Twitter (News - Alert) commentary tends to skew negative. And negative tweeting, according to research, is a surefire turnoff for potential followers.
The Pew Research Center just wrapped up a yearlong analysis of Twitter commentary in relation to political events and policy decisions.
In some instances, the venerable think tank found that Twitter skewed more liberal than the average American. The characteristic of Twitter conversation that stood out most, though, was its negativity.
The study examined the 2012 presidential election and found that the Twitterverse largely favored President Obama. For example, 77 percent of Twitter cheered Obama’s re-election while only 52 percent of the electorate had the same reaction.
Twitter also had a much more liberal take on a federal court victory for same-sex marriage in California. Forty-six percent of tweets were favorable, and only 8 percent were unfavorable.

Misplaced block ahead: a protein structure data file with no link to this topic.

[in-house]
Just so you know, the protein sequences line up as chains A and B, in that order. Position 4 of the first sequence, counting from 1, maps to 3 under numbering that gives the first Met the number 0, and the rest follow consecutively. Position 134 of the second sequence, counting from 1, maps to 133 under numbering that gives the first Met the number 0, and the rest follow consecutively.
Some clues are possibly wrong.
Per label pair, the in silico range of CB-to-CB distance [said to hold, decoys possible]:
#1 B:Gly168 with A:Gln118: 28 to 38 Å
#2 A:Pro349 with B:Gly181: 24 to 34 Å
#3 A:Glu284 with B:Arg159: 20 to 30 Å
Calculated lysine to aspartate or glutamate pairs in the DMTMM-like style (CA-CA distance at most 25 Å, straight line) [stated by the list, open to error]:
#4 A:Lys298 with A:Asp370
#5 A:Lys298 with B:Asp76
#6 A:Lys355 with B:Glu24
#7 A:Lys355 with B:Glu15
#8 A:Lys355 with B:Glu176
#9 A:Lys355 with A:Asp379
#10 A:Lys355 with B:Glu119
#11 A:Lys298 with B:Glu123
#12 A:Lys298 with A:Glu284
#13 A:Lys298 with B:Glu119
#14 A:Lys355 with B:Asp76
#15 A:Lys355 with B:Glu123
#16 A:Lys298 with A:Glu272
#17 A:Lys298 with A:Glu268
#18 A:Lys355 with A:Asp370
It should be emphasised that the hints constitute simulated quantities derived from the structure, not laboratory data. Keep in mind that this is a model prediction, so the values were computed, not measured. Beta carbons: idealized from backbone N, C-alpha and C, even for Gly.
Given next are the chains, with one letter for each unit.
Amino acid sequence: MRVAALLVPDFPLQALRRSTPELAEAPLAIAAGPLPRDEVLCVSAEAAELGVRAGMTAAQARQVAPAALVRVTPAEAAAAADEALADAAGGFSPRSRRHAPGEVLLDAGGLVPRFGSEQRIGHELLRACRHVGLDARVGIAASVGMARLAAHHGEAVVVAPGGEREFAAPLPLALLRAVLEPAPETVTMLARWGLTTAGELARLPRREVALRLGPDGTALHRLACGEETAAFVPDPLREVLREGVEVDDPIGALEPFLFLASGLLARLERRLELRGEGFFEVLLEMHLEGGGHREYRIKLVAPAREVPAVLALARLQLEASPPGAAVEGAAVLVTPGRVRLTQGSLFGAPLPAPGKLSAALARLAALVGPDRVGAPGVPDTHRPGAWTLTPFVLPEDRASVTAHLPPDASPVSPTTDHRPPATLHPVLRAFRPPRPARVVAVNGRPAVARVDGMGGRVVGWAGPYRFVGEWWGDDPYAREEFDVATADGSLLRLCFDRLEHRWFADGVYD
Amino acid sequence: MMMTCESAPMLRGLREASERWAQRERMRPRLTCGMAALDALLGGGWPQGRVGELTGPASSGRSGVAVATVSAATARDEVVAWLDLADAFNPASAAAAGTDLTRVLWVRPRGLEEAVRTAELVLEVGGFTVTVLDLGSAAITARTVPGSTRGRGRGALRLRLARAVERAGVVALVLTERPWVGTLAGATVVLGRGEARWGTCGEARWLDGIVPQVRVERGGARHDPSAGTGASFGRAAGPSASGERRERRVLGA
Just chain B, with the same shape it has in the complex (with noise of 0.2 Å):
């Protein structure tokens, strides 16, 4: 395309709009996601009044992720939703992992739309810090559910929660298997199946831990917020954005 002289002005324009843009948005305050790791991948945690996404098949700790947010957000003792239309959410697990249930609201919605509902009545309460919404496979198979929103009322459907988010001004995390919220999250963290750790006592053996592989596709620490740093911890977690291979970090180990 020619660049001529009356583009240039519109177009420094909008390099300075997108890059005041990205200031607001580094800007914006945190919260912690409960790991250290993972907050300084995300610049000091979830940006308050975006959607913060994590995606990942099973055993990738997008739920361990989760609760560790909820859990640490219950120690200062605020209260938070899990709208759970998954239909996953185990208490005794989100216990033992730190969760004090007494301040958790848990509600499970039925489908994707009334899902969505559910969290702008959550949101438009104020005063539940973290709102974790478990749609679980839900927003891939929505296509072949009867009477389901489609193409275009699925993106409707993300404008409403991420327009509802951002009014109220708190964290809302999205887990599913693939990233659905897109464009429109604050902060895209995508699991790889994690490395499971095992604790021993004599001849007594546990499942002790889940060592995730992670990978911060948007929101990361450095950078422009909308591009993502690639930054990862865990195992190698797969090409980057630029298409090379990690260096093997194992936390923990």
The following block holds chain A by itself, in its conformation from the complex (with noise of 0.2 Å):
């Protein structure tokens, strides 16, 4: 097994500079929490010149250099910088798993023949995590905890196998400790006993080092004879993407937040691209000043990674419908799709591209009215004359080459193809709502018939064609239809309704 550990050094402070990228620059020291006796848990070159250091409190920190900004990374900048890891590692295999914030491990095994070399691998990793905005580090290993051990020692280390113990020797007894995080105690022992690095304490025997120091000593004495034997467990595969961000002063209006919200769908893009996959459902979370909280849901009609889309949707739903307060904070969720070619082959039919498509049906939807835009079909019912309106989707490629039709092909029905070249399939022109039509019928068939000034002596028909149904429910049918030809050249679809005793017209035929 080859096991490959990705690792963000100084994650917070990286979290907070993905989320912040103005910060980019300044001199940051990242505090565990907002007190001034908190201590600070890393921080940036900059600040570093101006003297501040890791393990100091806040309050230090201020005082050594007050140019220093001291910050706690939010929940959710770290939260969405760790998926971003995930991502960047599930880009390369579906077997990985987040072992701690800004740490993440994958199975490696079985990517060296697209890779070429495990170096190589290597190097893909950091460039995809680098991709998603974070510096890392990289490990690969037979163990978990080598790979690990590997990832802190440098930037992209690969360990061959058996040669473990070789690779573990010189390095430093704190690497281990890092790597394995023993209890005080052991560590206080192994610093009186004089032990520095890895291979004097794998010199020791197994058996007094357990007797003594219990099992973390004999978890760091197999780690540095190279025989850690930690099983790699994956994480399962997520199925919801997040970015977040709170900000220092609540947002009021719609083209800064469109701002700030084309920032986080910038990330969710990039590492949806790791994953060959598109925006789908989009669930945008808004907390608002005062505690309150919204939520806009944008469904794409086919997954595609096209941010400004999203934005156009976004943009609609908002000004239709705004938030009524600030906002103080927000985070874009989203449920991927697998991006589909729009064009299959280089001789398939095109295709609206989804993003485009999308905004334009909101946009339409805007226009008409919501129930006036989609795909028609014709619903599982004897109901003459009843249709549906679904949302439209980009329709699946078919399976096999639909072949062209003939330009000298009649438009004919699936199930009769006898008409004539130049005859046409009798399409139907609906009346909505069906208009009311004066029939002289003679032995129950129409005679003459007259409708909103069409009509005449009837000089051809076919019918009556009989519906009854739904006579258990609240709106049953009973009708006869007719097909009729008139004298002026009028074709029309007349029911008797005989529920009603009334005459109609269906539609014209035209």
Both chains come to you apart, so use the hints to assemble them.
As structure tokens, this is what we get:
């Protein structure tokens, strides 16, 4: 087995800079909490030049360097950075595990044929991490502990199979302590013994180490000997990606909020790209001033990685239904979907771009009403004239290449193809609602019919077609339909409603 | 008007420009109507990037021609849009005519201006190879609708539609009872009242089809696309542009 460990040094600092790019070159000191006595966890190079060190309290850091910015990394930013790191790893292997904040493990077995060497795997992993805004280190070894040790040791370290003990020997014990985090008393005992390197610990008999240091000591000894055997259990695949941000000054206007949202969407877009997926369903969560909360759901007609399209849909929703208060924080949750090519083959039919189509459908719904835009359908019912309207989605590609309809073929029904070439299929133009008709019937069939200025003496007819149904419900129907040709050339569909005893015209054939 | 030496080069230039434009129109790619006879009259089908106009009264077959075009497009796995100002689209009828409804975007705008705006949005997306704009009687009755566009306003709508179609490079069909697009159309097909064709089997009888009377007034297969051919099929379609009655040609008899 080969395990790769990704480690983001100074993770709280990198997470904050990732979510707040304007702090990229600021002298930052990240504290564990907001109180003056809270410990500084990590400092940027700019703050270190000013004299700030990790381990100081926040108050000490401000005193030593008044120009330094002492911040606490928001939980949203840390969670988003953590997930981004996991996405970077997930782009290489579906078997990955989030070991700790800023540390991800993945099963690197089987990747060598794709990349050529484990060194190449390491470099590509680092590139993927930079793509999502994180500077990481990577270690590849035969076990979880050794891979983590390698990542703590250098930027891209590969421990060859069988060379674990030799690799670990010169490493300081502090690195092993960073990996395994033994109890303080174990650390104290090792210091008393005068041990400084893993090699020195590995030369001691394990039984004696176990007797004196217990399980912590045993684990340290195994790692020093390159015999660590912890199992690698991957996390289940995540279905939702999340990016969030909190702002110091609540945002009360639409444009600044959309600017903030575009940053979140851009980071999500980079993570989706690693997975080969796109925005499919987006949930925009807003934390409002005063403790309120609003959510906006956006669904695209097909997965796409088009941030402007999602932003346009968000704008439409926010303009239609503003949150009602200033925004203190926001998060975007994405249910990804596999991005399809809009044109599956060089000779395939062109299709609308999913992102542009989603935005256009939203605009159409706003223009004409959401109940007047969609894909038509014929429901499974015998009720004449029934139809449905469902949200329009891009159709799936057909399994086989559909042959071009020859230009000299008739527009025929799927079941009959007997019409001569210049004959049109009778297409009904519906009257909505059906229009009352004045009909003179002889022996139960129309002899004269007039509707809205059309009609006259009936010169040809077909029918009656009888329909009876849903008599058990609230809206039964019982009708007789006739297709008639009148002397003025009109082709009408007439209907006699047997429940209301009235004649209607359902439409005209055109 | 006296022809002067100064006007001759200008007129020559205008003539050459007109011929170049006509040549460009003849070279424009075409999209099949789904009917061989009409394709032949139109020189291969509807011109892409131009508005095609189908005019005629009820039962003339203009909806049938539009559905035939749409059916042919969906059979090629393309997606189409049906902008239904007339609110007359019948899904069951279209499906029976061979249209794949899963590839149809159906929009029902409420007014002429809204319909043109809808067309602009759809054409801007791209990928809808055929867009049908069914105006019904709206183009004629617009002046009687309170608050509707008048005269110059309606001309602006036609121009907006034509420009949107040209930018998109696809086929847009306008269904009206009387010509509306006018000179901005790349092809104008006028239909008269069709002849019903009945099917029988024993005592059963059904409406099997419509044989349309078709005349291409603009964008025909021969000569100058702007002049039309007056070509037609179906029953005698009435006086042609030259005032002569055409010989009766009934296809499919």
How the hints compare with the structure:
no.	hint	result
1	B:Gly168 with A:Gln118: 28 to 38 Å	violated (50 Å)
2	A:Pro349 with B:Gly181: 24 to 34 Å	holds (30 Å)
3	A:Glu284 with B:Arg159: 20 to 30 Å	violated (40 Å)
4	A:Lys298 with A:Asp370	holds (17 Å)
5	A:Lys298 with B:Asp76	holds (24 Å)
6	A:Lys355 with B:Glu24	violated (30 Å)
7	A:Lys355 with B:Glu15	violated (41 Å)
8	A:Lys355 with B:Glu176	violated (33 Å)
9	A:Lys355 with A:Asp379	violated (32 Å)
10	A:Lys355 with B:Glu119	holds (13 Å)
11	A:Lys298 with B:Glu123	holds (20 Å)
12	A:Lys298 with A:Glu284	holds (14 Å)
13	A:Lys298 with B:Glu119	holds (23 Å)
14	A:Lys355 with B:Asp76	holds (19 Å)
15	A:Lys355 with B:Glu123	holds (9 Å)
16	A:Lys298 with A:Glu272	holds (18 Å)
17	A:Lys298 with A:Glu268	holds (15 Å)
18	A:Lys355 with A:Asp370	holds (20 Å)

Among the American public, however, 33 percent of people expressed a positive opinion of the ruling, and 44 percent said that they were disappointed or angry.
These liberal-skewing statistics don’t necessarily mean that the Twitterverse cuts Obama any slack. The Twitter response to both the president’s second inaugural speech and to the 2012 State of the Union address were much more negative than positive, even though the American public generally thought well of both speeches.
At least concerning politics, people tend to go negative on Twitter. Unfortunately, when it comes to tweeting, being a downer is a terrible way to build an audience. According to researchers from the University of Michigan and the Georgia Institute of Technology (News - Alert), people or businesses that send out negative tweets were likely to have more difficulty growing their Twitter audiences.
Overall, people on Twitter want informational content, and they find personal or “meformer” tweeters off-putting. Ironically, most people who tweet talk about themselves—41 percent—as opposed to only 24 percent who provide informational content.
Getting a negative reaction on Twitter doesn’t mean everything. The Pew (News - Alert) researchers noted that while Twitter reaction may give some insight into one segment of the population, it rarely reflects the reaction of the population as a whole.
To grow your audience, stick with what Jeff Sonderman of the Poynter Institute wrote. “If you don’t have anything nice to tweet, don’t tweet at all.”
Edited by Braden Becker